Every Christmas, 15.000 lights give life to a striking Nativity Scene in Manarola, a village in Liguria’s Cinque Terre. This presepe, which entered the Guinness World Record in 2007 as the world’s largest nativity scene, is created by retired railroad worker Mario Andreoli.
The nativity scene started with just one cross in 1961, when Mario’s father asked him to re-create an ancient pilgrim’s cross that used to stand in the middle of the family vineyard in the past. Slowly, Christmas after Christmas, Mario enriched his creation with new figures and characters. Today, the nativity scene has more than 250 characters scattered all over a terraced hill overlooking Manarola.
If this is not unique enough, this delightful work of art is also eco-friendly! In fact, it is built exclusively with recycled materials and powered by a photovoltaic system in the spirit of sustainability of the Cinque Terre National Park, where Manarola is located.
The Nativity Scene traditionally lights up around or on the 8th of December, in occasion of the Festa dell’Immacolata, an Italian public holiday that commemorates the Immaculate Conception of the Virgin Mary. Many Italian families put up their Christmas tree and Nativity Scenes at home on this day.
Should you be in the area on 8 December 2015, do not miss the lighting at around 16:45, when Mario himself will officially light up the Nativity Scene from the piazza of Chiesa di San Lorenzo. Here, you can also enjoy a choir concert and a Living Créche with period costumes. Following these shows, you can join a candlelight procession up to the terraced hill and its precious installation. The lights will be on until mid-January.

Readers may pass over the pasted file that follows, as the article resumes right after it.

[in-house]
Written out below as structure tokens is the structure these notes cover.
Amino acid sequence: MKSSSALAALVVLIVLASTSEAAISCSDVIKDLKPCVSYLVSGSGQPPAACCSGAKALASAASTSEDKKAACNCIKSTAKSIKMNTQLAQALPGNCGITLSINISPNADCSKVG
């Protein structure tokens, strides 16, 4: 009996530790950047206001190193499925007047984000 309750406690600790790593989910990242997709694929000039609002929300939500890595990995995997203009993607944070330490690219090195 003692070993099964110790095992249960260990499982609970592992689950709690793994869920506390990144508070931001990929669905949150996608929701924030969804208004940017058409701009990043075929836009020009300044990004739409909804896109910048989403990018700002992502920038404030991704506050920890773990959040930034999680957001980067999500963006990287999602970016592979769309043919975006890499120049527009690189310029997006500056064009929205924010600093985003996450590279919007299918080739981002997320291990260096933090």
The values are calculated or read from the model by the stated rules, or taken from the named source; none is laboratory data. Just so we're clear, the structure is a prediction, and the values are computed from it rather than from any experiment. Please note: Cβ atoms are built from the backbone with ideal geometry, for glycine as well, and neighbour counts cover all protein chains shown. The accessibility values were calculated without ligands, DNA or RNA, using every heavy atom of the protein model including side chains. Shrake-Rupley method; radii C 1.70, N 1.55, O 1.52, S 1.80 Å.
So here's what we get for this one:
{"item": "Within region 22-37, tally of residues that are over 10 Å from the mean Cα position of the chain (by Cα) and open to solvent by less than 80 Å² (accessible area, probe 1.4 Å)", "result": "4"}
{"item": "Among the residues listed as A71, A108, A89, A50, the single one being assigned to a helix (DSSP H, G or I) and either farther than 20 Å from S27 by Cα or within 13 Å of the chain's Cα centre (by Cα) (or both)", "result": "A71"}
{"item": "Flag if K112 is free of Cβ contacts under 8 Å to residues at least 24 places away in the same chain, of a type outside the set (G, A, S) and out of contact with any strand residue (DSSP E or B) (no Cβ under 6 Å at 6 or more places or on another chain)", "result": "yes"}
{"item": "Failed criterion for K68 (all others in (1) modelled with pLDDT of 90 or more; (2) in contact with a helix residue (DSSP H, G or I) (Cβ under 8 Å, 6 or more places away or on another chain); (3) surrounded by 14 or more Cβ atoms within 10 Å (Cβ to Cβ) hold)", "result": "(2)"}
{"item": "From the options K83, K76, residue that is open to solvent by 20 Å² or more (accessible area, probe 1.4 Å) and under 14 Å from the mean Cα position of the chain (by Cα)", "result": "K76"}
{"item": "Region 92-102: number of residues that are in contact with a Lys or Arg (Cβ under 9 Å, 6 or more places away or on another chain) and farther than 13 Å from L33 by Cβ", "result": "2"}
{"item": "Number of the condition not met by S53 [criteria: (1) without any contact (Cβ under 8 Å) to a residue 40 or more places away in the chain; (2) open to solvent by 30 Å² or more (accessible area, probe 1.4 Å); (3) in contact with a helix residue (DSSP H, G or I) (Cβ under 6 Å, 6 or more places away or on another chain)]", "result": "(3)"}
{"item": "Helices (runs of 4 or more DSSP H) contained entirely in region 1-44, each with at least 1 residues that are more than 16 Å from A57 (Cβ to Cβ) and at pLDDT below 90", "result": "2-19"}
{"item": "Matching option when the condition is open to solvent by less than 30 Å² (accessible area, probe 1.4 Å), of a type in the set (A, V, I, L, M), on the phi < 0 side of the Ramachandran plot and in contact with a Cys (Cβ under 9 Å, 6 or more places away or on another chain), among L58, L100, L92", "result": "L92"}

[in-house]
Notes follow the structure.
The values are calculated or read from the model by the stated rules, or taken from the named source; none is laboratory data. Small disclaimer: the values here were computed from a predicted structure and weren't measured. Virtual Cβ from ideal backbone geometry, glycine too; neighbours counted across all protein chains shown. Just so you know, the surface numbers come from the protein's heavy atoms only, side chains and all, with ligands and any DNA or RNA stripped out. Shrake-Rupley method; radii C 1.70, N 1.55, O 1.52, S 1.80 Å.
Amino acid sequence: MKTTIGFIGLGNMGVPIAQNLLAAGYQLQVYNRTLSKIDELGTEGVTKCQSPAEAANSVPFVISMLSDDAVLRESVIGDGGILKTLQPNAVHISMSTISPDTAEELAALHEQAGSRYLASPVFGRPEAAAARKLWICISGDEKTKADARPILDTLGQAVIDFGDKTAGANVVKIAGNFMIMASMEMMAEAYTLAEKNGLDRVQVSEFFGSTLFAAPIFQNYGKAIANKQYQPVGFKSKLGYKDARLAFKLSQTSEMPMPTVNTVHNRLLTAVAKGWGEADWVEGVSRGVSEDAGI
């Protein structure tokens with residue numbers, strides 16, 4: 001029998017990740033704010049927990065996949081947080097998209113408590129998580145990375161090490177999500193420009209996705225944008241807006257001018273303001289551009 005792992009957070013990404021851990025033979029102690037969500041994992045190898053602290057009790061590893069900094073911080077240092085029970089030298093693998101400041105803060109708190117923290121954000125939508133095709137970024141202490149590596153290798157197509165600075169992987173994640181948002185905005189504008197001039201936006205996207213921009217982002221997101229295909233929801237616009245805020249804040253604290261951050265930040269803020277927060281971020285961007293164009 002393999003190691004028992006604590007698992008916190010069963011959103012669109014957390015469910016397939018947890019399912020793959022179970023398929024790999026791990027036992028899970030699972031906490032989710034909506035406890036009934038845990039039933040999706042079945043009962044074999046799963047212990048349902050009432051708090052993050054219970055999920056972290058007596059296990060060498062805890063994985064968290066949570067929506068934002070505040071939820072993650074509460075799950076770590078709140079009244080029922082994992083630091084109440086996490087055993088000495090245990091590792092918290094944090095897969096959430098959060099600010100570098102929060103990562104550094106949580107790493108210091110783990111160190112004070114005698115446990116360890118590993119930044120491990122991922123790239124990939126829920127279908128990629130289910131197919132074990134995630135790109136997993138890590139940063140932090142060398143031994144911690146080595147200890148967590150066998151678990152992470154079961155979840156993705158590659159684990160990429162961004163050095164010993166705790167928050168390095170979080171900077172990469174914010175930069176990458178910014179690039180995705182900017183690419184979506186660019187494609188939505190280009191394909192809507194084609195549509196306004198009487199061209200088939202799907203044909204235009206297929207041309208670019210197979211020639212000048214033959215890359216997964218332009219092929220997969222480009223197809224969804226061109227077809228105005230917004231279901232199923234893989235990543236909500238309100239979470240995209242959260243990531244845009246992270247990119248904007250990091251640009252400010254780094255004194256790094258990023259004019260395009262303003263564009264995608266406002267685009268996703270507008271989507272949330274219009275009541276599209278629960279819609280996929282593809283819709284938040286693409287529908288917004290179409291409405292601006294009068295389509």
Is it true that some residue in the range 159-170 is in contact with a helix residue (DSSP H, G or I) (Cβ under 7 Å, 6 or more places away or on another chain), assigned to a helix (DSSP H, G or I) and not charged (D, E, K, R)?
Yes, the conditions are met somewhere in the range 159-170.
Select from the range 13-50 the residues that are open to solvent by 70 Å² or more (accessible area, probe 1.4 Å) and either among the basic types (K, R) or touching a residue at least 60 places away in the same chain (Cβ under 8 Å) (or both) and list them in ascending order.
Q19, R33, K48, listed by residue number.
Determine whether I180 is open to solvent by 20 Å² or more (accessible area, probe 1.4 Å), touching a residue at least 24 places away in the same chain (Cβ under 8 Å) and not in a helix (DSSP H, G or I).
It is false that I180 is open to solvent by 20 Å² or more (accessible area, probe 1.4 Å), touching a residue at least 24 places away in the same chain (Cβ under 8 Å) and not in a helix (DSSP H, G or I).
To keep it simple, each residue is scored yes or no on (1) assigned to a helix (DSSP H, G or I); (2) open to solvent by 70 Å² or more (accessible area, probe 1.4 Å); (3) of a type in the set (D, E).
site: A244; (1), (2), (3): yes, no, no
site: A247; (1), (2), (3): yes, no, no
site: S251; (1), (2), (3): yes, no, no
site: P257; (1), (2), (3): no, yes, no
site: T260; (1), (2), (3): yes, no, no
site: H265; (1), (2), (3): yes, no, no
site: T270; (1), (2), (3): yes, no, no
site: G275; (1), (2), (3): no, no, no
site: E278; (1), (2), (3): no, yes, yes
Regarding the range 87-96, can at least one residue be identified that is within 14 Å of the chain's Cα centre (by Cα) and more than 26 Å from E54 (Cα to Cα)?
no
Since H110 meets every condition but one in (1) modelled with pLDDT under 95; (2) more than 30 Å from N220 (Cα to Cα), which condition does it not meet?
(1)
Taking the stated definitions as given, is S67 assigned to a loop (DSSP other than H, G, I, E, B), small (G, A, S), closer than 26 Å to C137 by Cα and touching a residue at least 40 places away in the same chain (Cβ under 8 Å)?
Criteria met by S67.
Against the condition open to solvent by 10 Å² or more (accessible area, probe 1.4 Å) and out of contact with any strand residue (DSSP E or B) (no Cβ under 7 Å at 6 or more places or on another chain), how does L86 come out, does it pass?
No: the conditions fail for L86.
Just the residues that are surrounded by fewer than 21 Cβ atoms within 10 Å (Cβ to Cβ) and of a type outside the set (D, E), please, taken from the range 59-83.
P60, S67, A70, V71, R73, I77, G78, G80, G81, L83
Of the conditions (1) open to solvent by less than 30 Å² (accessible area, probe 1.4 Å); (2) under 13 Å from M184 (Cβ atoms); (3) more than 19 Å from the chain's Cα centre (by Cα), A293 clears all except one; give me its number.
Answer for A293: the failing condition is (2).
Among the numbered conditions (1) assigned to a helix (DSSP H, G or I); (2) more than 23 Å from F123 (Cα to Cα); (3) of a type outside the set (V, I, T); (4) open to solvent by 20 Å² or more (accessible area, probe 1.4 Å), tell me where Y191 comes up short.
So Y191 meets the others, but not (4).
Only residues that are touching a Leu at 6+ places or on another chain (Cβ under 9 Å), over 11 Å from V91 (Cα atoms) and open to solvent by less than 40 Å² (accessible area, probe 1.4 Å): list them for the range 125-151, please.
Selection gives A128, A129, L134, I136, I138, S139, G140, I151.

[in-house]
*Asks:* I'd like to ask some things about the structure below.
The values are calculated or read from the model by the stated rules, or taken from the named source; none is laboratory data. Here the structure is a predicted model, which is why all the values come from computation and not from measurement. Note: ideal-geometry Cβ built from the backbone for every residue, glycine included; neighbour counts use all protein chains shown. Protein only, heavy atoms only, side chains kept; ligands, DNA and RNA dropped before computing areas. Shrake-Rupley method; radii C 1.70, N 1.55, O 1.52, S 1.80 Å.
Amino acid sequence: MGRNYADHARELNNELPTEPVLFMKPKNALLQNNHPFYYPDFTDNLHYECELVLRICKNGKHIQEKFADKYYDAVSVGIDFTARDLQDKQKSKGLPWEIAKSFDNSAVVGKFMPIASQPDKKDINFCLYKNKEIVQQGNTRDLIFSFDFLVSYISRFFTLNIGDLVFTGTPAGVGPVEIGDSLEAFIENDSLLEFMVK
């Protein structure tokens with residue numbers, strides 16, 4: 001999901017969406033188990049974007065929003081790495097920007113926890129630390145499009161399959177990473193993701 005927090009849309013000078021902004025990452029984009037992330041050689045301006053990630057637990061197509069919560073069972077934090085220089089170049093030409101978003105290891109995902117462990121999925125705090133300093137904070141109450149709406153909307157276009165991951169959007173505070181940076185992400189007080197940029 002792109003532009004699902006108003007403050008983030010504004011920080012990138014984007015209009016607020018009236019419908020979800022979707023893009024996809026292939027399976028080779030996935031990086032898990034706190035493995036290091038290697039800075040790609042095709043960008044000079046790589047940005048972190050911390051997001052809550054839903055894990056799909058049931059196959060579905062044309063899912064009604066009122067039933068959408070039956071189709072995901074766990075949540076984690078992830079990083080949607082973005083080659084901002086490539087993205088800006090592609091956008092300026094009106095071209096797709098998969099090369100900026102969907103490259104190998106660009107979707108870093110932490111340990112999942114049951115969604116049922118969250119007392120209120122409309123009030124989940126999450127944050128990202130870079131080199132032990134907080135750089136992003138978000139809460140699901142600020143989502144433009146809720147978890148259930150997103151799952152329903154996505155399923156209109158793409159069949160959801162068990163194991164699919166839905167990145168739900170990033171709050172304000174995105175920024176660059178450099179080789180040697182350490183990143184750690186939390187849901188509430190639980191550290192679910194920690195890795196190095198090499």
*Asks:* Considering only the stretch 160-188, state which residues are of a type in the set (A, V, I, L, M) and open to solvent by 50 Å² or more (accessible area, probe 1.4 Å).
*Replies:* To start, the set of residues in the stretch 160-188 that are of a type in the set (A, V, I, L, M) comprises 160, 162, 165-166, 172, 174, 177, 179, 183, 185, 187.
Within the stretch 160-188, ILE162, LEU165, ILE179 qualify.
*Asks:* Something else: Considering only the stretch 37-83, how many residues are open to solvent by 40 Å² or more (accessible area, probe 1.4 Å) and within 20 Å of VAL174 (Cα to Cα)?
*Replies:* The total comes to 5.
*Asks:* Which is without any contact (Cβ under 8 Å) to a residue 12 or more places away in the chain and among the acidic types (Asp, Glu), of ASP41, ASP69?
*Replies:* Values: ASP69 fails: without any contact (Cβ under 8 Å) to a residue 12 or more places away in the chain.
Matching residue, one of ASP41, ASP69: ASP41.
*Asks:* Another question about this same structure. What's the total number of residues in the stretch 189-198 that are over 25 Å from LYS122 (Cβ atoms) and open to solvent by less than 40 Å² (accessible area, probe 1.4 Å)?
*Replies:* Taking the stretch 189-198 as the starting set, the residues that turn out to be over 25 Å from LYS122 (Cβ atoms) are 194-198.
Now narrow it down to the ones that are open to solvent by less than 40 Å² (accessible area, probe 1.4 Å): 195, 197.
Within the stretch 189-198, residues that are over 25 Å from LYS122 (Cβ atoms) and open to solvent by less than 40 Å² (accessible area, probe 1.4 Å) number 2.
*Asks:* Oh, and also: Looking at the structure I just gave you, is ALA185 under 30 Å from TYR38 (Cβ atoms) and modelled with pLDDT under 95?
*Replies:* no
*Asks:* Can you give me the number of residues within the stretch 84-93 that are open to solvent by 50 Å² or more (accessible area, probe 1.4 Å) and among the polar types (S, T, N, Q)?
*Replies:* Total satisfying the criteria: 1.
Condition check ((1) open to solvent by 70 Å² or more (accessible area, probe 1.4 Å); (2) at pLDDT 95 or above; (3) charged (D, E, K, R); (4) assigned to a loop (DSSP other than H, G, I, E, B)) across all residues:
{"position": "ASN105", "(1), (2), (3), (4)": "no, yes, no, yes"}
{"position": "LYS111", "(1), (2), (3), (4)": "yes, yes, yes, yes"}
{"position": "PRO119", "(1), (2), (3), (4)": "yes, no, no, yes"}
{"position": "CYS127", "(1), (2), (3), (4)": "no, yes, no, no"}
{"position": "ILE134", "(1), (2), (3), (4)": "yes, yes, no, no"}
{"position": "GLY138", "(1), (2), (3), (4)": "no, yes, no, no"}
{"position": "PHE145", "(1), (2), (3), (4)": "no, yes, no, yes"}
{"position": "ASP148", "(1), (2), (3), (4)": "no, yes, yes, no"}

About Manarola: history & sights
The town’s origins date back to the year 1100, when descendants of the ex-Roman colony of Volastra chose the promontory as an ideal lookout against the incursions of pirates. Later on, the feudal village of Manarola passed under the ownership of the Lords of Carpena, the Bishop of Luni and the Fieschi Family, Lords of Genoa. This was the birthplace of Sinibaldo Fieschi, who later became Pope Innocent IV, the pope that excommunicated Frederick II and started the VII crusades.
Manarola is probably the most picturesque of the Cinque Terre thanks to its particularly bright and colorful tower houses crammed on a rocky spur. You can reach it by foot from Riomaggiore through one of the most spectacular seaside trails in the world, the Via dell’Amore (Pathway of Love). Otherwise, the easiest way to reach Manarola is by boat or by train.
The terraced hills embracing Manarola have vineyards that produce the local wine called Sciacchetrà. Hiking trails here provide amazing views and a unique experience between nature and the local livelihood.
Attractions include the Ligurian-gothic style Church of San Lorenzo, built in 1338. Its arch portal is decorated with a bas-relief depicting the martyrdom of Saint Lawrence. Inside the building, you will find a triptych representing the Madonna with Child (XV century); Saint Lawrence between the Saints Antonio Abate and Bernardino; and Saint Catherine of Alexandria (XIV century).
A one-hour walk along a stream will take you to the Sanctuary of Nostra Signora della Salute, located between Manarola and Corniglia. The Romanesque-style church was erected in 1240, and features three naves, a barrel vault, and a 14-th century ogive arch that allows the melodies of the religious functions to be heard outdoors.